De Leon leavens the Robin Hood themes with characters that break from the standard fare of romantic novels.
Marisol’s escort, Tyesha, balances sex work with all-nighters, pursuing a masters degree in public health as she prepares to take over the clinic. Kim and Jody — an Asian woman and a white woman who superficially fit, in De Leon’s words, their “porn racial stereotypes” — turn out to be in a loving lesbian partnership. Jody could have been a “world-class athlete,” and Kim becomes a genius safe-cracker.
Even Raul, Marisol’s love interest, exhibits few of the masculine stereotypes that typically mark such characters. He discusses race and gender in egalitarian terms, and bemoans “confusing messages boys get.” He admires Marisol for her bravery, her mathematical brilliance, and her community-mindedness. Instead of offering up the common heteronormative tropes of the genre, De Leon paints a world where women are treated like, well, human beings.
Uptown Thief also treats sex work thoughtfully. It realistically depicts the dangers of the industry: Dulce was fleeing a pimp when Marisol took her in; before meeting Marisol, Tyesha had her jaw wired shut after a client broke it.
Yet at the same time, the book doesn’t shy away from suggesting that sex work often represents the best option for these women. For Tyesha, it allows her to pay her way through graduate school — “I work one night a week and I’ve got an IRA and savings for vacation.”
And as Marisol tells her business partner Eva, “If I was God, women would get paid to sit on our asses and think profound thoughts. We’d only fuck people who turned us on. But as long as the female ass outearns the female brain, there are gonna be sex workers who need our clinic.”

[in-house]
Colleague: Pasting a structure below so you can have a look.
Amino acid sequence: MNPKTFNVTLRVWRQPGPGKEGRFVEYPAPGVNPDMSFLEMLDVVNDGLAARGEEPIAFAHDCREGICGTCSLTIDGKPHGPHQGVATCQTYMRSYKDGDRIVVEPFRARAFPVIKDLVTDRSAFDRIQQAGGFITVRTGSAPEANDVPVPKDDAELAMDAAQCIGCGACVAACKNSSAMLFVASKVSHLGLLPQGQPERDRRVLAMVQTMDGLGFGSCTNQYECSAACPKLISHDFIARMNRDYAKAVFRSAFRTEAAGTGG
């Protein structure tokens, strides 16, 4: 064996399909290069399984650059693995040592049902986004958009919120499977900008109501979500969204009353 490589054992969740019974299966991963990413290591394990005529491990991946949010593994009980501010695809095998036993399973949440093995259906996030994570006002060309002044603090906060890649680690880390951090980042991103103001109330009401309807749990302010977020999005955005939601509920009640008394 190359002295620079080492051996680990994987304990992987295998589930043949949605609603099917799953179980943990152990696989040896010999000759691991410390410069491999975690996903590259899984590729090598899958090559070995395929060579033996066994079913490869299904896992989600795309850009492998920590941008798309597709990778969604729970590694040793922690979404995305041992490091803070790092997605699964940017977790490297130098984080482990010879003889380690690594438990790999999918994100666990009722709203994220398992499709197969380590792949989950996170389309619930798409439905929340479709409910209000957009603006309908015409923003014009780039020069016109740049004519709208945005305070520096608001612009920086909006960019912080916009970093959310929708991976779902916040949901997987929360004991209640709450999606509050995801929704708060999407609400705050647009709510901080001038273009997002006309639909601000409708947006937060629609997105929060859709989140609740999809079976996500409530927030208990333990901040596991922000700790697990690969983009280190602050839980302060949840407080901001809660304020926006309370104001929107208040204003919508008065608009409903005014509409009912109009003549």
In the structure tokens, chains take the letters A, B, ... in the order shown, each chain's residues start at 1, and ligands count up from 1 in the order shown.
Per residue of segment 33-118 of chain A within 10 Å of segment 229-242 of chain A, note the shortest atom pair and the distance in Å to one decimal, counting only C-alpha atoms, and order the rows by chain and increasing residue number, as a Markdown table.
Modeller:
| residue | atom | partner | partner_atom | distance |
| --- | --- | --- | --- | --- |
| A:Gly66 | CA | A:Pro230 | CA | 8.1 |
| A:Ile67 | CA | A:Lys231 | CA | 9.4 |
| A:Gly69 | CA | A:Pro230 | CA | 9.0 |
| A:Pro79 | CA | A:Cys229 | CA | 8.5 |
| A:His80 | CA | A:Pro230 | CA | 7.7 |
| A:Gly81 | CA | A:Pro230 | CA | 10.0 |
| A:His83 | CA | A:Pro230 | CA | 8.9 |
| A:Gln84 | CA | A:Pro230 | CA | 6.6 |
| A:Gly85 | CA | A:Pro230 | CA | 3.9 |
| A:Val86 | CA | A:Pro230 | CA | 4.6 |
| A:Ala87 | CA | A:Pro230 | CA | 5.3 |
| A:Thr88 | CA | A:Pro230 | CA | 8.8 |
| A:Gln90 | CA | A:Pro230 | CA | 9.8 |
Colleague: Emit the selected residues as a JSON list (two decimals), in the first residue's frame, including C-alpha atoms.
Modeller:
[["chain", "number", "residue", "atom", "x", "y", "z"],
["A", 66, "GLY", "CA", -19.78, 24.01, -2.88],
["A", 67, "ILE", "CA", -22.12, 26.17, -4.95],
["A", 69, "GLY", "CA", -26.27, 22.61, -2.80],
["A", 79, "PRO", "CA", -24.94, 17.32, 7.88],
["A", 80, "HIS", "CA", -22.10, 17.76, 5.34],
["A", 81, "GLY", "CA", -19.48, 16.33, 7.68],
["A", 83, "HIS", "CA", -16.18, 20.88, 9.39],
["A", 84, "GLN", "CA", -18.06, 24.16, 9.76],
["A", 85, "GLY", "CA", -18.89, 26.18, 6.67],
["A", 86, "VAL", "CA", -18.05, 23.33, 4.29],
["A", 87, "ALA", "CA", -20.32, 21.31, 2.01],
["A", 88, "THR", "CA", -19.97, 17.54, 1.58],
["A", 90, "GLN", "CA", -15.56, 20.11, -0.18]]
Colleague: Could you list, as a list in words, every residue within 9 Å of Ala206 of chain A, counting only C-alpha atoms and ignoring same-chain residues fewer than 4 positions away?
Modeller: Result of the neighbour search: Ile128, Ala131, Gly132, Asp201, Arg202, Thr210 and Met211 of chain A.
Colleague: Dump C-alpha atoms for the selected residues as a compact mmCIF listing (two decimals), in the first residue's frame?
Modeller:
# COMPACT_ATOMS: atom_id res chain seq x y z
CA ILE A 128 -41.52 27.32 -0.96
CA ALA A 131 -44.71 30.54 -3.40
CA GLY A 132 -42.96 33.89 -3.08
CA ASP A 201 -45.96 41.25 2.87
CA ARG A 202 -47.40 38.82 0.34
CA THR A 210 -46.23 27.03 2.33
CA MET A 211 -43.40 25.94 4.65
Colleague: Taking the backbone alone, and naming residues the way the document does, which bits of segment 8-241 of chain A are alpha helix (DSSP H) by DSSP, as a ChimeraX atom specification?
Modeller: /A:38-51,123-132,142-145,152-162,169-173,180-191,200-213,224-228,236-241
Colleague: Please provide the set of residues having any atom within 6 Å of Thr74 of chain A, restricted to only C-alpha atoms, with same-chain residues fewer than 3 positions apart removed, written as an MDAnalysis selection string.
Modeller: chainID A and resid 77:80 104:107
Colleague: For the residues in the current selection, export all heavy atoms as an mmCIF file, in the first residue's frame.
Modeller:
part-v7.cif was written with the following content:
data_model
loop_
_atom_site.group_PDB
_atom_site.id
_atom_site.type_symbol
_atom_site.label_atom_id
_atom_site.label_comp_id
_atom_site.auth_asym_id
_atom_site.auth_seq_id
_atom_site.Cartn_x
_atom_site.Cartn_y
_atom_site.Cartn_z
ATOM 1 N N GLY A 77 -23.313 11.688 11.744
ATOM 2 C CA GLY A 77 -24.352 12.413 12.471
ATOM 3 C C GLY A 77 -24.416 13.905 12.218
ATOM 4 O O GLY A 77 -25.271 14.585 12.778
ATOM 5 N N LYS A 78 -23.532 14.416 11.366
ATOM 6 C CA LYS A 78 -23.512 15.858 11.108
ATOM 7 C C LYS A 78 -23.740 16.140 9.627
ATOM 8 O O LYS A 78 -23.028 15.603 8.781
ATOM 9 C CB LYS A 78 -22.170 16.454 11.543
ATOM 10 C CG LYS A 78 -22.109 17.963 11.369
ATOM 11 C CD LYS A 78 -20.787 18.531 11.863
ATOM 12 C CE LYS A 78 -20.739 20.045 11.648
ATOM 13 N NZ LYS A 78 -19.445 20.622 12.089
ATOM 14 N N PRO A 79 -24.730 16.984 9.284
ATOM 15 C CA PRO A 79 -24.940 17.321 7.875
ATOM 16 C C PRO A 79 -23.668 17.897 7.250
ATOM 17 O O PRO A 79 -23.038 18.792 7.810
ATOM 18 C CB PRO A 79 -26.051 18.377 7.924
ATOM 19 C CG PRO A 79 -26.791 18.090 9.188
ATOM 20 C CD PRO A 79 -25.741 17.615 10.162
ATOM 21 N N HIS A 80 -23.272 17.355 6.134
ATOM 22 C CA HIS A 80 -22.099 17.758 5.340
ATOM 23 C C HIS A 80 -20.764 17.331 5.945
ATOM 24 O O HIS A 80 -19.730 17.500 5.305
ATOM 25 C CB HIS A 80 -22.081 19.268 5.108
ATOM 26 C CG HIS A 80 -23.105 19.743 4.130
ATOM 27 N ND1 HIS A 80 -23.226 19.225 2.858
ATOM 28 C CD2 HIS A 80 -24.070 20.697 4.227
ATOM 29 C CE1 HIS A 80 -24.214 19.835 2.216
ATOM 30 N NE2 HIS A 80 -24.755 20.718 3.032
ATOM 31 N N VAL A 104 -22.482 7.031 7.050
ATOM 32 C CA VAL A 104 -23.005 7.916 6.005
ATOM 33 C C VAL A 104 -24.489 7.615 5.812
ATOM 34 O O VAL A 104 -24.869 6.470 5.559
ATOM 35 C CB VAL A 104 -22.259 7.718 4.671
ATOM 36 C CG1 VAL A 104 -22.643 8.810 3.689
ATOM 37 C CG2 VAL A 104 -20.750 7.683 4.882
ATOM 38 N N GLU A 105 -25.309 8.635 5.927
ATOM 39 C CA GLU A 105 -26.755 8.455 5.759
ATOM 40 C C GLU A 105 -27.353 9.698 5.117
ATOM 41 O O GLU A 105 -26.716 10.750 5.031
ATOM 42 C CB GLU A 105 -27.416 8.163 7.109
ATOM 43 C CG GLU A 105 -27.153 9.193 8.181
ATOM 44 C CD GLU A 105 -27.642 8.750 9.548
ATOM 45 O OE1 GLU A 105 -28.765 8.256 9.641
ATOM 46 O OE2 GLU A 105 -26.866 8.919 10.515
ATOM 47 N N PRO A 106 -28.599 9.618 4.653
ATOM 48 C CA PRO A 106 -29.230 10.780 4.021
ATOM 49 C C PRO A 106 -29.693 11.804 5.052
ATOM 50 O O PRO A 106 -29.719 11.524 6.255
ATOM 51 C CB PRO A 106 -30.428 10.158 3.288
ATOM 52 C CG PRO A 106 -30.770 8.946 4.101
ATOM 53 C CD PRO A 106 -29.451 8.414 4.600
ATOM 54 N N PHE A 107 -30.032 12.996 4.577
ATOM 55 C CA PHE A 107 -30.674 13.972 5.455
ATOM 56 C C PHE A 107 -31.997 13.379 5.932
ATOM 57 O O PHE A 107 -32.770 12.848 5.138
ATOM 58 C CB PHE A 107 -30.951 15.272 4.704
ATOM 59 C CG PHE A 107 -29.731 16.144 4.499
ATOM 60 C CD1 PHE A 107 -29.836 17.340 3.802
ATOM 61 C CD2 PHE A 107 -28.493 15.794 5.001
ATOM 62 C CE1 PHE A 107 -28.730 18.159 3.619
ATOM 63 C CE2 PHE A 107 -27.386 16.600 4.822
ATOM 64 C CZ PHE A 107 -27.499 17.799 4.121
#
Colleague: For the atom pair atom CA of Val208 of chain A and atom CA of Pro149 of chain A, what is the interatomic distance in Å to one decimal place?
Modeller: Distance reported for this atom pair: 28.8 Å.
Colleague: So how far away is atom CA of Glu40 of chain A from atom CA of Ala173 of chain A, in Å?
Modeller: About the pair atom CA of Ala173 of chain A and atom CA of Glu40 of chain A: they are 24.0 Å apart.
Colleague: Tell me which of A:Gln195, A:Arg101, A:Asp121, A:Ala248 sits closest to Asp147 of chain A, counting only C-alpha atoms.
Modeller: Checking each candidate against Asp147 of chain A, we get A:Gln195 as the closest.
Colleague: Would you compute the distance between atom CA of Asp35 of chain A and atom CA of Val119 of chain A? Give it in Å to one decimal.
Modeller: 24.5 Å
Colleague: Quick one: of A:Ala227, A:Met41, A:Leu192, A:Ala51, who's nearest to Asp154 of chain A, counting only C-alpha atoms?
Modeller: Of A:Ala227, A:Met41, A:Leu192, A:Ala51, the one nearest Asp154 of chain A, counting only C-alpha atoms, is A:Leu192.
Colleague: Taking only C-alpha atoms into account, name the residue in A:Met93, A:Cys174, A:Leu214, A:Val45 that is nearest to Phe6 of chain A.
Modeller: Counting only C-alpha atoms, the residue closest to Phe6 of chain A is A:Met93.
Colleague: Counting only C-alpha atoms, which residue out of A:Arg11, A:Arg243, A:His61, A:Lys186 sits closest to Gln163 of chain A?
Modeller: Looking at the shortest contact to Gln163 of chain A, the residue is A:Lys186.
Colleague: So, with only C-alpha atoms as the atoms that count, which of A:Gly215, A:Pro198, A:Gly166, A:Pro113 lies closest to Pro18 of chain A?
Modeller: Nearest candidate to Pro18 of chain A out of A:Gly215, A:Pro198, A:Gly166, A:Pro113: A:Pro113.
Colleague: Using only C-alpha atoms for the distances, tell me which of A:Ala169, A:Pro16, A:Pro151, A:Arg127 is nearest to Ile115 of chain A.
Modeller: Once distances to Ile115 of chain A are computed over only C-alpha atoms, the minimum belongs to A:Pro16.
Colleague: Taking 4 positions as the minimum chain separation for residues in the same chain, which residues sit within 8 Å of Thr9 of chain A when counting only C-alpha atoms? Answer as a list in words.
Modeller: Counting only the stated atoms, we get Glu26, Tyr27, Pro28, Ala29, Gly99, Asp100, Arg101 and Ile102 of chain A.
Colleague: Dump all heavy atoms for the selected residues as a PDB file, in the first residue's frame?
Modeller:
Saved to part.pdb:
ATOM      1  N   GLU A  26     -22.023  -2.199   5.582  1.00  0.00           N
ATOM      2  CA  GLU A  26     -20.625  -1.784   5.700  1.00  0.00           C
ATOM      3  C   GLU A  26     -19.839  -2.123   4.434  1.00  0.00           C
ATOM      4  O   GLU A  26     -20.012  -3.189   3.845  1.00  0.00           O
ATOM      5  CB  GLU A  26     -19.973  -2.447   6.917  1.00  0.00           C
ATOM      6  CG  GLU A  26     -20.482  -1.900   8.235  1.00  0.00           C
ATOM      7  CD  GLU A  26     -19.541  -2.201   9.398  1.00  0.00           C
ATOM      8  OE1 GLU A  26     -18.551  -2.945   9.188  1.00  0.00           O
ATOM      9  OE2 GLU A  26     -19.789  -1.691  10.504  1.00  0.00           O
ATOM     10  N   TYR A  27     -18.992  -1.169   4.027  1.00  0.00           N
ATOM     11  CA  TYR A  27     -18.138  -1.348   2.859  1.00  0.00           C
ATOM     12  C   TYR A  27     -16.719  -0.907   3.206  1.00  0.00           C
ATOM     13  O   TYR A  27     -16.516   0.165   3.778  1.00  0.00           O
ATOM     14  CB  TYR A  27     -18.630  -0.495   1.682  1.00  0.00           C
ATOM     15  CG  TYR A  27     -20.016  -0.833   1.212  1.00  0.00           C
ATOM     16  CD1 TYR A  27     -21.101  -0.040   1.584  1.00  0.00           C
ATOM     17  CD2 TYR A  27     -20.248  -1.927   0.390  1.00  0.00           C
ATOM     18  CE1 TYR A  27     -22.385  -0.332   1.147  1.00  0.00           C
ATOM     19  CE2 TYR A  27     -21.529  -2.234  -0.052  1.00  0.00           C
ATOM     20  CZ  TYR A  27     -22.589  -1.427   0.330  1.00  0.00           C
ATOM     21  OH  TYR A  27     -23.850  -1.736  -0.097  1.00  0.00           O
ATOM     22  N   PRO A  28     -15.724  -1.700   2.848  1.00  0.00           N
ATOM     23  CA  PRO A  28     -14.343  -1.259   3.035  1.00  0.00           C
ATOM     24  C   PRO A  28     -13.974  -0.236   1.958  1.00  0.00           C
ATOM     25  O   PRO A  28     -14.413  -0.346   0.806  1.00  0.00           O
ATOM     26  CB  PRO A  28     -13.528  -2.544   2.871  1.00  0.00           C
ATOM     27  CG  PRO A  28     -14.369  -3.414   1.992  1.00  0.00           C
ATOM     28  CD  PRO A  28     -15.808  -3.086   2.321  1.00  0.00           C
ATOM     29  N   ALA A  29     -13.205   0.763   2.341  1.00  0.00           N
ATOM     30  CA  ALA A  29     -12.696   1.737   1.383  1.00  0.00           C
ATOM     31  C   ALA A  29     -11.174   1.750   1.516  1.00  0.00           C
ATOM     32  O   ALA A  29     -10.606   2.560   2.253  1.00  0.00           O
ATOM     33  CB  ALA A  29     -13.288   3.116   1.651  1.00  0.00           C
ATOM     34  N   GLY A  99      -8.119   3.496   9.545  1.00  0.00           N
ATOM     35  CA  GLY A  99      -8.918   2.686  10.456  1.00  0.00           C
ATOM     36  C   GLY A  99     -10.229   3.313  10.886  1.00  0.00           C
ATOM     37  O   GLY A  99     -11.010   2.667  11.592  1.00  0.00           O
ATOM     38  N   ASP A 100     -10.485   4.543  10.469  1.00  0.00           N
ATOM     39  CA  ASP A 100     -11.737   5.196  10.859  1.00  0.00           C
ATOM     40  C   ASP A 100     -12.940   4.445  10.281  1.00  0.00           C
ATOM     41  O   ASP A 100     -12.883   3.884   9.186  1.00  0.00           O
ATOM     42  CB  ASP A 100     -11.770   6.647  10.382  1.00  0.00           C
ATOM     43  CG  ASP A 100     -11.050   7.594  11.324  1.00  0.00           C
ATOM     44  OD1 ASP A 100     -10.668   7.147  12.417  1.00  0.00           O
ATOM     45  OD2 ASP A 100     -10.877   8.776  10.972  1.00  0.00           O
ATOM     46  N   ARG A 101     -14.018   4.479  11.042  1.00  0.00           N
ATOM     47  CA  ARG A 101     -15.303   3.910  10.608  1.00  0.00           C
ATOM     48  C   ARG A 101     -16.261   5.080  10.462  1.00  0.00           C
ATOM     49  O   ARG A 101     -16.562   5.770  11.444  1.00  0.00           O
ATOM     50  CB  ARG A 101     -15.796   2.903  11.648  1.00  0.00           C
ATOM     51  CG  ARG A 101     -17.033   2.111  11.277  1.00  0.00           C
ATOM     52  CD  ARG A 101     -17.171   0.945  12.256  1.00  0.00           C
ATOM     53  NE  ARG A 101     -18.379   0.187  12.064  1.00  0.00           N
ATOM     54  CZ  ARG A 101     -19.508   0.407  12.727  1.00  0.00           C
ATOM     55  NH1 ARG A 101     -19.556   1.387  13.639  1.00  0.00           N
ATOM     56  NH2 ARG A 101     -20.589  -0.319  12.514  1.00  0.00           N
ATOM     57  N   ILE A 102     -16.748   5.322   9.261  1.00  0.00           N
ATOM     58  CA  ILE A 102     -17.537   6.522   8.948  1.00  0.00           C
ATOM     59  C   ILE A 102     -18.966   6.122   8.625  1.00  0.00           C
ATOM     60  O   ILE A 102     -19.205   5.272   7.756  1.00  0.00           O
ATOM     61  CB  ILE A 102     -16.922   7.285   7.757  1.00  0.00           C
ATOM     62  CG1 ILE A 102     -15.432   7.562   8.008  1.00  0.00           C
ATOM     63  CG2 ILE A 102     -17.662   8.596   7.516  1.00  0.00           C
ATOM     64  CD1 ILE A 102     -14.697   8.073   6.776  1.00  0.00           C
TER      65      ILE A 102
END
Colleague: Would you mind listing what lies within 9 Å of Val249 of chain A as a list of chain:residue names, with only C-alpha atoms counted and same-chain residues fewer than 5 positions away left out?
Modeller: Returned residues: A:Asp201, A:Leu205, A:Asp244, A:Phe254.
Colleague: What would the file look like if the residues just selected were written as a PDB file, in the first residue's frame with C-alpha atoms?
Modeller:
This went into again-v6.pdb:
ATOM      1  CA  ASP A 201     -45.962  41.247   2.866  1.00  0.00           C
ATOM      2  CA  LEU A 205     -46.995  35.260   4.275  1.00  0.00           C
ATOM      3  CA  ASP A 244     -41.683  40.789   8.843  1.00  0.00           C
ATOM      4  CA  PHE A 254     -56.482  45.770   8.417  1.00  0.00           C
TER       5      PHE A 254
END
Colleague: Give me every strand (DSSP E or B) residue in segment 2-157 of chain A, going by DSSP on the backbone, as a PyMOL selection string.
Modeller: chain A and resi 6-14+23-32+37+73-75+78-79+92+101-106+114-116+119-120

At bottom, the problem is capitalism’s propensity to commodify with abandon. As Marisol says of her first pimp, Sergei: “[H]e was only a businessman. He would have been just as happy to sell farm animals if he could make as much money.” In Uptown Thief sex work is just another way to make ends meet in a system that doesn’t always distinguish between people and livestock.
To her credit, De Leon doesn’t turn Marisol into a one-dimensional, omnipotent crusader for justice. Her relationships are more complicated, more fraught with human complexity. She tells Raul: “I can’t be with someone who puts me on some Robin Hood pedestal . . . And then knocks me off when he finds out I’m not Maid Marian.”
She is also driven as much by her distrust of men and her need for control as she is by her desire for justice. Her clinic co-founder Eva observes, “You’ve only chosen to have two kinds of sex in your adult life — the kind where you’re in total control with a stranger or the kind where you’re getting paid with a stranger.” An important part of the book’s plot involves Marisol learning to make herself vulnerable, to ask for help.
Similarly, while the novel exposes the effects of patriarchy and capitalism on women — especially women of color — and proposes some remedies, it reminds us that the struggle for social progress can’t consume everything else. When Marisol visits her younger sister, Cristina, in Cuba, Marisol can focus only on the beleaguered women she sees.
Cristina tells her, “You go walking on the malécon, and you don’t see the ocean and the ways and the sea spray. You see teenage sex workers who need your help.” If the quest for justice prevents us from seeing what is beautiful in life, then we have already lost.
Still, Uptown Thief doesn’t shrink from its role as populist agitator. Written under the assumption that little background is needed to appreciate ideas like radical wealth distribution, it largely delivers. While Uptown Thief isn’t the typical leftist tract, bringing new people into our movements requires establishing multiple entry points.
And for this, De Leon is to be applauded. Uptown Thief shows that activism is not only about questioning existing social hierarchies, but also about questioning existing ways of engaging in these discussions.